Many say that fast GDP growth has benefited only a few rich businessmen. That’s simply false. The latest data and research show that record GDP growth has benefited the masses and the poorest states. Poverty has fallen sharply and the poorest states have increased growth amazingly. That’s one reason so many incumbent governments in poor states have been re-elected.
For decades, anti-incumbency dominated elections, and three-quarters of incumbent governments lost. But the trend has reversed in the last few years: suddenly three-quarters of incumbents are winning.
The Congress was re-elected in the 2009 parliamentary elections. Several chief ministers were re-elected too. Nitish Kumar in Bihar is the latest example. Earlier examples were Orissa, Maharashtra, Andhra Pradesh, Chhattisgarh, Madhya Pradesh and Tamil Nadu.
What has changed? The BJP, the losing incumbent in 2004, claimed that India was shining. That was false. GDP growth in its five years (1999-04) averaged only 5.7% per year, no faster than in the preceding two decades. By contrast, growth during UPA rule (2004-09) zoomed to 8.5% per year.
The new Tendulkar formula for measuring poverty shows that poverty reduction during the BJP rule-and indeed since 1983 – was around 1% per year. Economist Surjit Bhalla cites the latest NSSO survey to show that in the next three years, from 2004-05 to 2007-08, poverty reduction tripled to an astonishing 3.3% per year. Poverty fell as much in those three years of 9% GDP growth as in the preceding 11 years.
The BJP lost in 2004 because neither growth nor poverty reduction improved significantly. The UPA was re-elected in 2009 because both growth and poverty reduction improved hugely.
A new study by economists Arvind Panagariya and Poonam Gupta buttresses this conclusion. This assumes that voters in fast-growing states will vote for the ruling state party even in parliamentary elections. This sounds reasonable: 90% of villagers have never seen a central government official, and know only state government officials.
Although the national incumbent (Congress) won the 2009 parliamentary elections, it won just nine of 72 seats in the non-Congress states of Bihar, Orissa and Chhattisgarh. A look at the recently revised CSO data shows why. Economic growth skyrocketed between 2000-04 and 2004-09 from 4.5% to 12.4% in Bihar, from 4.8% to 10.2% in Orissa, and from 6.1% to 9.7% in Chhattisgarh. UP has doubled its rate from 3.3% to 6.7%, suggesting that Mayawati will be re-elected in 2012.
You can question the quality of state GDP data, yet the trend is unmistakable. Poor states have no incentive to artificially inflate growth rates-they would rather artificially understate growth to wangle more grants from New Delhi.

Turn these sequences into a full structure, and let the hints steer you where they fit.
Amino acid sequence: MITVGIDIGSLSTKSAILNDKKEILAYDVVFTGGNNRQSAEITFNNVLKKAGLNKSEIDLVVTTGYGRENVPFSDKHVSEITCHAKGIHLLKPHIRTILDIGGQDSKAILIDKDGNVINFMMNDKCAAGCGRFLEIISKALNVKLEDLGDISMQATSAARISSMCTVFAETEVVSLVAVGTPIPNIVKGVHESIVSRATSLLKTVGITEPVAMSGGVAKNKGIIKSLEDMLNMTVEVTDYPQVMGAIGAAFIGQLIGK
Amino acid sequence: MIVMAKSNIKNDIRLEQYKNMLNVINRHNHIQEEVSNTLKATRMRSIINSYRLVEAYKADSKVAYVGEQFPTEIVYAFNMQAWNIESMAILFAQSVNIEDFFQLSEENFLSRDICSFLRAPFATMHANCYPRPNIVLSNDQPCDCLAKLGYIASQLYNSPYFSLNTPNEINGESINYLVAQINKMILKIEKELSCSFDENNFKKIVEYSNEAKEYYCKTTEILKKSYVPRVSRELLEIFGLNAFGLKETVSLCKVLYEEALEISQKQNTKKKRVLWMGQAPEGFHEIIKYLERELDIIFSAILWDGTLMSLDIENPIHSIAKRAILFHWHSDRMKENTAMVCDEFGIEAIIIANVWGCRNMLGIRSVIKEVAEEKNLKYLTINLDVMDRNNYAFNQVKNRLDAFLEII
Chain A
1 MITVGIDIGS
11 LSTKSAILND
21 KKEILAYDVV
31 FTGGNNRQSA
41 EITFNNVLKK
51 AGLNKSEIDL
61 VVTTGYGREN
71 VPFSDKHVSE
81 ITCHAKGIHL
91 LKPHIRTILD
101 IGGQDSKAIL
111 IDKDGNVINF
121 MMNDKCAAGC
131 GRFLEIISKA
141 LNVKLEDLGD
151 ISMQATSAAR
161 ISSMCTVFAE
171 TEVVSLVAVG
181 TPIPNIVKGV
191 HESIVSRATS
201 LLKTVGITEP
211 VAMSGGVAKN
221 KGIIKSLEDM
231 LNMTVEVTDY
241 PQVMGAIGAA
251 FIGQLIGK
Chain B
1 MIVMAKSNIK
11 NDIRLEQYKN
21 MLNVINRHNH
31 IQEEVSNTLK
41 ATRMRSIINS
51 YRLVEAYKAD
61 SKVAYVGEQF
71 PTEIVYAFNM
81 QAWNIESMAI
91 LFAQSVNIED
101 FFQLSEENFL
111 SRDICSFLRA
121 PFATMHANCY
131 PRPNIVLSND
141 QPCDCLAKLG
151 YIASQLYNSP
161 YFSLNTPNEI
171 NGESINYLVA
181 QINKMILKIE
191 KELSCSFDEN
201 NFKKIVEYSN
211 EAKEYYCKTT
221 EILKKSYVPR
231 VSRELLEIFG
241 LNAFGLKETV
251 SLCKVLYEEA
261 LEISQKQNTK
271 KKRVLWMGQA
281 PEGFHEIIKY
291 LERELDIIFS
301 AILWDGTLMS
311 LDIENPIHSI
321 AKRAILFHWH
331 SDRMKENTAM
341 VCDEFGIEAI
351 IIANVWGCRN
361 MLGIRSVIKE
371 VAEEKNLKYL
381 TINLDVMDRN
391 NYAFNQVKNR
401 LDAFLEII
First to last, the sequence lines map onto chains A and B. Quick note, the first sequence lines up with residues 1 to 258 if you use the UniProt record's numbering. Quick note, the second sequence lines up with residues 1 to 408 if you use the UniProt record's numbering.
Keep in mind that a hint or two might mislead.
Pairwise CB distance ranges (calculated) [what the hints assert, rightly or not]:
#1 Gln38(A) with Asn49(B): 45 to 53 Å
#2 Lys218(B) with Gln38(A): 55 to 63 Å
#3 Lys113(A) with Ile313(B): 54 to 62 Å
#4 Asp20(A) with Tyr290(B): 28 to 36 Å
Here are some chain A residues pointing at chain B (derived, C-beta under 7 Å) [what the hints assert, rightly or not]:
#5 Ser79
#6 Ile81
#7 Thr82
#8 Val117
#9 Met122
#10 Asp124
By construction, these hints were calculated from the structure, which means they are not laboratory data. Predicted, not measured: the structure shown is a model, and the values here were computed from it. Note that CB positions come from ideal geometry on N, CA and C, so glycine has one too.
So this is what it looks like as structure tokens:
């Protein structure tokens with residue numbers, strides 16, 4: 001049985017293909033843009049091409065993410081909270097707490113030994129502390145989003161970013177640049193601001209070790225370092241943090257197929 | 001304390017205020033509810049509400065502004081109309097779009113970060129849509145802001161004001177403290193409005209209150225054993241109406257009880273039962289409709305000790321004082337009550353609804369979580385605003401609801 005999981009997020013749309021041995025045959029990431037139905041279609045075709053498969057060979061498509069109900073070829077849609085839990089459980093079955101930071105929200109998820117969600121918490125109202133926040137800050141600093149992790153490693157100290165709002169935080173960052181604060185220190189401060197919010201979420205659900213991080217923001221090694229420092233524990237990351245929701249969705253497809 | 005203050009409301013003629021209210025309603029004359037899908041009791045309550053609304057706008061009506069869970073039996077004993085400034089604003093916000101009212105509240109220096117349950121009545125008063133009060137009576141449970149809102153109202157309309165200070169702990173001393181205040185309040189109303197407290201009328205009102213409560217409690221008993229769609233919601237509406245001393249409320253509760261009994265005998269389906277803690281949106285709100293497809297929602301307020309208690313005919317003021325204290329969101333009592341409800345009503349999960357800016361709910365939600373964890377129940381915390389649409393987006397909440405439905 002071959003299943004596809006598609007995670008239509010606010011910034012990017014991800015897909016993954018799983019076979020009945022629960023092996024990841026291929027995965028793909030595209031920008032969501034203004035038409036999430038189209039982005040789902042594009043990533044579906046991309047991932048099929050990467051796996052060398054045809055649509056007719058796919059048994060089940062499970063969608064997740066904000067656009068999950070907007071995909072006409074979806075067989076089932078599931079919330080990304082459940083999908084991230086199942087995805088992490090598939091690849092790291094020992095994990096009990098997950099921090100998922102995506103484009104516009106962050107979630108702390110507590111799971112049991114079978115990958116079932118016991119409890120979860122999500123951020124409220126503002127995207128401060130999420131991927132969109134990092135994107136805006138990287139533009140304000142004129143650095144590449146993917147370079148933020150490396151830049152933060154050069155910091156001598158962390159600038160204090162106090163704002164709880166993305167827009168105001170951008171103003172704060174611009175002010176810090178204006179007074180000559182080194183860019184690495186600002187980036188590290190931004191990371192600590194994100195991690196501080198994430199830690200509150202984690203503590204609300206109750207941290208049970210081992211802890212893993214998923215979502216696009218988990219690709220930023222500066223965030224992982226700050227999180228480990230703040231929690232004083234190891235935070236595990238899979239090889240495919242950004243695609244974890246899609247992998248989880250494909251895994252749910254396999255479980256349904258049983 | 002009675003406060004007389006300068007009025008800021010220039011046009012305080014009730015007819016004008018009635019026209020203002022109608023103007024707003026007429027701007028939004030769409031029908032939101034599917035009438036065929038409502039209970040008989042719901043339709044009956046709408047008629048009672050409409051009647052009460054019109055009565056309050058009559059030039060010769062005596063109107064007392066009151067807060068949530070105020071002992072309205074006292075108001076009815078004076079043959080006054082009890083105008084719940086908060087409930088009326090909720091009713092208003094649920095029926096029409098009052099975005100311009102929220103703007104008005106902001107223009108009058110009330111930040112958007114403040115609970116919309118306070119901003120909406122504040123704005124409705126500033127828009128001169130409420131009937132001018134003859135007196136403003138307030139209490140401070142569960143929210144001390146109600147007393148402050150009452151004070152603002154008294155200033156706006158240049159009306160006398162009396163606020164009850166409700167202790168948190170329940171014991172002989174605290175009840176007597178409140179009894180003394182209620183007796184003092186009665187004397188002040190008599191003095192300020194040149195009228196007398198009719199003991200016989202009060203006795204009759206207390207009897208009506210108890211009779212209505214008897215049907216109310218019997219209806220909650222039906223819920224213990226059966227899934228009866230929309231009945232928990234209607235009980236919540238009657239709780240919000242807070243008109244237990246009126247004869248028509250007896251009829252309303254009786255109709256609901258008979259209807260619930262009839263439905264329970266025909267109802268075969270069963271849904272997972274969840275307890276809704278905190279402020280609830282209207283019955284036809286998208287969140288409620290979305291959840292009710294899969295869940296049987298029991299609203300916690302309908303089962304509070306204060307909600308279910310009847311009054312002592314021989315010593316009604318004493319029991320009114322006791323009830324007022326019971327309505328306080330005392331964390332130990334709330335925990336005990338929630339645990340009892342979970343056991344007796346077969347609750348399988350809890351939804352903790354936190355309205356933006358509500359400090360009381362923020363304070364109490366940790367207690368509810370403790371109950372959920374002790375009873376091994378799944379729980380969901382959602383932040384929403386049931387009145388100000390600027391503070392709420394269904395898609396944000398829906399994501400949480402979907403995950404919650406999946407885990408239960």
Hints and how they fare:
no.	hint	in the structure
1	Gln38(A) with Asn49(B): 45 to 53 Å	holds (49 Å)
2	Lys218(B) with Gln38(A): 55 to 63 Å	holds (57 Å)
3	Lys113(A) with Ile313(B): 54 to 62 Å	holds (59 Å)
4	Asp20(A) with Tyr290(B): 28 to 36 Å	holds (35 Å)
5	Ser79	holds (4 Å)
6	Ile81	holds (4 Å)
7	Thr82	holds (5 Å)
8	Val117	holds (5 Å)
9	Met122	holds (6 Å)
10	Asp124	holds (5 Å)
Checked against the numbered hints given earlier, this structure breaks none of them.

Examining state GDP growth between 2004-05 and 2008-09, Panagariya and Gupta divide the major states into three growth categories-high, medium and low (relative to national growth). In high-growth states, a whopping 85% of candidates of the incumbent state party won in 2009. The winning rate dropped to 50% in medium-growth states and 30% in low-growth states. This indicates strongly that fast growth benefits and draws votes from the masses. Many other factors (alliances, caste, regional pride, inflation) remain highly relevan.
But fast growth matters as never before. When slowgrowing states accelerate to 6% or more, incumbents start winning. Panagariya and Gupta conduct statistical tests to control for other factors that may determine outcomes. The overall pattern remains unchanged-fast growth benefits incumbents. This may be not just because of fast growth but reduced poverty and accelerated jobs too. These are inter-related-fast growth reaches the masses and hence reduces poverty and creates jobs. Government service delivery remains lousy, especially in health, so social indicators remain deplorable. Yet the latest research shows that the overall condition of the masses has improved. This is corroborated by the spread of cellphones to the masses-teledensity has skyrocketed to 70%.
Why have fast growth and mass improvement gone together? Not because some crumbs from fast growth were thrown to the poor. Rather, only when the vast majority of people improved their income did this add up to record growth and poverty reduction.
Growth was slow in 2000-04 in poor states, and this kept the national GDP growth down to 5.6%. But GDP shot up to average 8.5% in the next five years. This was not because of economic reform, which mainly stalled in this period. Rather, chief ministers in poor states changed policies to take advantage of the growth potential created since 1991. So growth accelerated dramatically in large, poor states, and this gave India 9% growth. If they keep up this hugely improved performance, India will be transformed in a decade.